Youngstown and Southeastern Railroad

  (Redirected from Youngstown and Suburban Railway)

The Youngstown and Southeastern Railroad (reporting mark YSRR) is a short-line railroad subsidiary of Midwest & Bluegrass Rail that operates freight trains between Youngstown, Ohio and Darlington, Pennsylvania, United States. The line is owned by the Columbiana County Port Authority, leased to the Eastern States Railroad, which is owned by the line's primary shipper, and contracted out to the YSRR. Freight is interchanged with CSX Transportation and the Norfolk Southern Railway at the Youngstown end.

Youngstown and Southeastern Railroad
HeadquartersYoungstown, Ohio[1]
Reporting markYSRR
LocaleOhio and Pennsylvania
Dates of operation2006–
Track gauge4 ft 8+12 in (1,435 mm) standard gauge

The trackage was originally owned by the Youngstown and Southern Railway (reporting mark YS), which operated from 1904 to 1993, including a period as an electric interurban passenger railway between 1907 and 1948, being the last such line in Ohio.[2] It was later jointly owned by the Pennsylvania Railroad and Pittsburgh and Lake Erie Railroad. After a local company bought the line in November 1996 and illegally closed it and blocked repairs,[3][4] the line was out of service for almost five years until the Central Columbiana and Pennsylvania Railway (reporting mark CQPA) began operations in May 2001.[5] Service under the YSRR name started in 2006, after the second of two less-than-two-year periods of operation by the Ohio Central Railroad System component Ohio and Pennsylvania Railroad (reporting mark OHPA) (the first was in 1995 and 1996). The Indiana Boxcar Corporation then owned the line until 2019.

Line descriptionEdit

The YSRR begins in southern Youngstown, where it interchanges with CSX Transportation and the Norfolk Southern Railway adjacent to the Mahoning River. It heads northwest up the river bank and then curves southwest to climb a ravine to the highlands of Boardman Township. The original interurban line followed Front Street and South Avenue out of downtown and over the Mahoning River, then a private right-of-way between Wabash and Franklin Avenues, joining the present line just east of South Avenue.[6] Beyond Boardman, the line continues through the highlands, crossing the Norfolk Southern Railway's Fort Wayne Line at Columbiana. As it approaches Signal, where it turns east, and the Pittsburgh, Lisbon and Western Railroad once continued west, it drops into the valley of the Little Bull Creek, which empties into Bull Creek before it reaches Negley. From that community, the Smiths Ferry Branch formerly extended south alongside the North Fork and main course of Little Beaver Creek, reaching the Ohio River at Smiths Ferry. The main line continues east from Negley, up the North Fork Little Beaver Creek valley into Pennsylvania, where it ends at Darlington. It formerly continued a short distance farther to the Fort Wayne Line at New Galilee.[7]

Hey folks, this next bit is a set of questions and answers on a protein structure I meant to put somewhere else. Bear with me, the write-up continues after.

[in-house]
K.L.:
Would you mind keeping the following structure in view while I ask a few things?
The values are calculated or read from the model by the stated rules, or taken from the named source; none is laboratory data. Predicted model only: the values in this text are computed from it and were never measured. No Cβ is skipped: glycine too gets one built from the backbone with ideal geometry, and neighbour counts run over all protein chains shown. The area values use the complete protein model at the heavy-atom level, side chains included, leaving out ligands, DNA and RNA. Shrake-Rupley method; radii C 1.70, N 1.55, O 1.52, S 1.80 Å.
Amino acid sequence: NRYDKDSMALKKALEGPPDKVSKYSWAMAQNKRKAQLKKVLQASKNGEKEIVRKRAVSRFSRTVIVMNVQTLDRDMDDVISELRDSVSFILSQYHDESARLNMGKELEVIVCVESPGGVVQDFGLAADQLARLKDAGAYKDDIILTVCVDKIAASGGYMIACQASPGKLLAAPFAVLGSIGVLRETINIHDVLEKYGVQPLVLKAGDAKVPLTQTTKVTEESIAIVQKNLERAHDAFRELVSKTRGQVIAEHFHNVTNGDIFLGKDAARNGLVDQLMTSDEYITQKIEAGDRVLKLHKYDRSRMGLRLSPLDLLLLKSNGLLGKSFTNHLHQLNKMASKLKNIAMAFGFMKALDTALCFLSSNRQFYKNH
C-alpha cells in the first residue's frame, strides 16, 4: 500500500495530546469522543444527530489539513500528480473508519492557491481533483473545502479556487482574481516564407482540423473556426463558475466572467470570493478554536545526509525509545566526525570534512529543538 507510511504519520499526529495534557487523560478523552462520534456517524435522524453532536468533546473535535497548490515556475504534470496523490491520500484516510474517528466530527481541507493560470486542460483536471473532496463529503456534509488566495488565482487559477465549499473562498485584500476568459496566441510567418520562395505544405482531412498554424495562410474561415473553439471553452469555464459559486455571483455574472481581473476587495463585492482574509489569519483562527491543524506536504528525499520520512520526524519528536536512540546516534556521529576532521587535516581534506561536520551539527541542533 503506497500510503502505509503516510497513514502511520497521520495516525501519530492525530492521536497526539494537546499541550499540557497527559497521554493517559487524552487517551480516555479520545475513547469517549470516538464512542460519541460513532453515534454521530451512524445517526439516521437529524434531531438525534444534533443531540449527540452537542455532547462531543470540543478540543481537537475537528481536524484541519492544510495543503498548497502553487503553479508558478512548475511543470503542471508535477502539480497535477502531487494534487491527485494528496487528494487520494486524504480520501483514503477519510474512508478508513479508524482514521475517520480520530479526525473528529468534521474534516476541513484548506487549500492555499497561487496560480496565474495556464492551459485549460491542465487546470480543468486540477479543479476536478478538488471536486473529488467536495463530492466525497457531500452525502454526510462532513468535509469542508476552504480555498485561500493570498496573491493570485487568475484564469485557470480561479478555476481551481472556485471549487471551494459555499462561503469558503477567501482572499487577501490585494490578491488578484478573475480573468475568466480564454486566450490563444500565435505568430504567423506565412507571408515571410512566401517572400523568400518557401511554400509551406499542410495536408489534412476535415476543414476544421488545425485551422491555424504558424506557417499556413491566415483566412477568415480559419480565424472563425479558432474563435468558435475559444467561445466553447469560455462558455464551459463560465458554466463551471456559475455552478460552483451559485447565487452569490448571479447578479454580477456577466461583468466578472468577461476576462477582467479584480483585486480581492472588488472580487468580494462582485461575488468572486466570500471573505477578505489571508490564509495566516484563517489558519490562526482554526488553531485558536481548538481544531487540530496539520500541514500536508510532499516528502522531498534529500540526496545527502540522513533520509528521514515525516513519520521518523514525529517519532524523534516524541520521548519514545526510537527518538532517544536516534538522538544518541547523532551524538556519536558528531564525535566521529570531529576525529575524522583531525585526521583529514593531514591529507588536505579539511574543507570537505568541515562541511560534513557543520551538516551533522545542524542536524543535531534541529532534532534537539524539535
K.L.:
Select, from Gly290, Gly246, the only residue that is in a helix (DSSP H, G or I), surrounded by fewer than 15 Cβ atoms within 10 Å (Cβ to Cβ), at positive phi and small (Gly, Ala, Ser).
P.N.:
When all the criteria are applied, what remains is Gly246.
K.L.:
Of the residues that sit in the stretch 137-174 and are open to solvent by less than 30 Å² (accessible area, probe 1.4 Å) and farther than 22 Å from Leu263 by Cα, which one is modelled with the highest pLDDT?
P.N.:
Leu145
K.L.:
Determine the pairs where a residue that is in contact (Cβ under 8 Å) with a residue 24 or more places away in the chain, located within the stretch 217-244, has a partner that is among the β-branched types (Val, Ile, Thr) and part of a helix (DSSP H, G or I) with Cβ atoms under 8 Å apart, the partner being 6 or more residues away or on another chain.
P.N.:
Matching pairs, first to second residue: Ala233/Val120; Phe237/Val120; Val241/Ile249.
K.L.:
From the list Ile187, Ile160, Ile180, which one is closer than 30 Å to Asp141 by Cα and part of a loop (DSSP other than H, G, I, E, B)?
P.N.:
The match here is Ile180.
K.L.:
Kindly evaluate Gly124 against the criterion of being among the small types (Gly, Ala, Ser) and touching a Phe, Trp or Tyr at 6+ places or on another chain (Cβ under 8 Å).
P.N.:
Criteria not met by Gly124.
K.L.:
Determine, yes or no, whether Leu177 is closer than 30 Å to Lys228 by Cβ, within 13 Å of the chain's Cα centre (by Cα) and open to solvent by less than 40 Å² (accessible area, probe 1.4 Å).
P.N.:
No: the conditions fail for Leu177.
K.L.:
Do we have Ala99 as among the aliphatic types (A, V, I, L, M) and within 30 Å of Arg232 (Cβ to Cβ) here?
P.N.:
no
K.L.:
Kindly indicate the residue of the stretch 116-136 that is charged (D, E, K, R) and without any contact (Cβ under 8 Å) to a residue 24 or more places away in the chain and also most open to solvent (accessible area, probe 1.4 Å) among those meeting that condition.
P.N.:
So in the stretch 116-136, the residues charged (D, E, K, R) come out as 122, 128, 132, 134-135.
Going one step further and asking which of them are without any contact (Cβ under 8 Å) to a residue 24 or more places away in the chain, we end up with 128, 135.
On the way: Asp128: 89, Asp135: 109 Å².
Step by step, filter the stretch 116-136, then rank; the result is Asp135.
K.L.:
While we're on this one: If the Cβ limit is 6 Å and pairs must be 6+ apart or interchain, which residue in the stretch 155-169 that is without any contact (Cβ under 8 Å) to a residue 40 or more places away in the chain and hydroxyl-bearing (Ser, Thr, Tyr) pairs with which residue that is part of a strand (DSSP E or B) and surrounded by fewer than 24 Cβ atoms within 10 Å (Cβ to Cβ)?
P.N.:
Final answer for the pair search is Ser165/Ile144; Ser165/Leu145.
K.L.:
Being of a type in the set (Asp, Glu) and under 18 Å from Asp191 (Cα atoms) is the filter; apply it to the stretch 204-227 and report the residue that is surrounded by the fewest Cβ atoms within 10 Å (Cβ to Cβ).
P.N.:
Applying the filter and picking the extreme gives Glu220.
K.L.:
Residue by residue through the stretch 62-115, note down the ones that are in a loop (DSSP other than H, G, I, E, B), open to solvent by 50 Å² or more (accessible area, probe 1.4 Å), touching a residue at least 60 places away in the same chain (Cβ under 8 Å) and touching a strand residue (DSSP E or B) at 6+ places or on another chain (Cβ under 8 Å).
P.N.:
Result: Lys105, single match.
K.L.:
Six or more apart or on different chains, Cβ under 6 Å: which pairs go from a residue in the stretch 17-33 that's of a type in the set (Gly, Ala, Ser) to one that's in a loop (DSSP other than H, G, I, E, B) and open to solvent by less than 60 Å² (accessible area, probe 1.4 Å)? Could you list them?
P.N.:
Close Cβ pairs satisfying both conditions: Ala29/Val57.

20th centuryEdit

The Youngstown and Southern Railway (Y&S) and Youngstown and Salem Railroad were both incorporated in May 1903,[8] and the former absorbed the latter in October of that year.[9] It began operations in 1904 as a 16-mile (26 km) steam line between Youngstown and Columbiana, and electrified the line with overhead wires in 1907, also extending it 3 miles (4.8 km) to Leetonia on the Youngstown and Ohio River Railroad (Y&OR) that year. In addition to carrying passengers as an interurban railway, the company handled freight, primarily coal from the electric Y&OR and the steam Pittsburgh, Lisbon and Western Railroad (PL&W). After the Y&S entered receivership in 1915, a 1916 reorganization produced the Youngstown and Suburban Railway.[2]

In the late 1920s and early 1930s, Mahoning Valley industries and the Pittsburgh Coal Company attempted to build a new rail line between the Ohio River and Youngstown, claiming that the existing railroad connections (Pittsburgh and Lake Erie Railroad and Pennsylvania Railroad) refused to build suitable river transfer facilities. The Interstate Commerce Commission denied the application in exchange for the construction of these facilities. Later the coal company built a private railroad from the river at Smiths Ferry, Pennsylvania to the PL&W at Negley, Ohio, where it connected to Youngstown through control, by its Montour Railroad subsidiary, of the PL&W (New Galilee, Pennsylvania to Lisbon, Ohio) and Y&S (the latter acquired in 1928[2]), and construction of a line between the PL&W at Signal and the Y&S at Columbiana. (The PL&W from Signal west to Lisbon was subsequently abandoned.) Large amounts of coal were shipped along the river from the mines to Smiths Ferry, and then over the rail line to Youngstown steel mills.[10][11] The Y&S changed its name back to Youngstown and Southern Railway in 1944,[2] and on January 1, 1945 it merged the PL&W into itself.[12]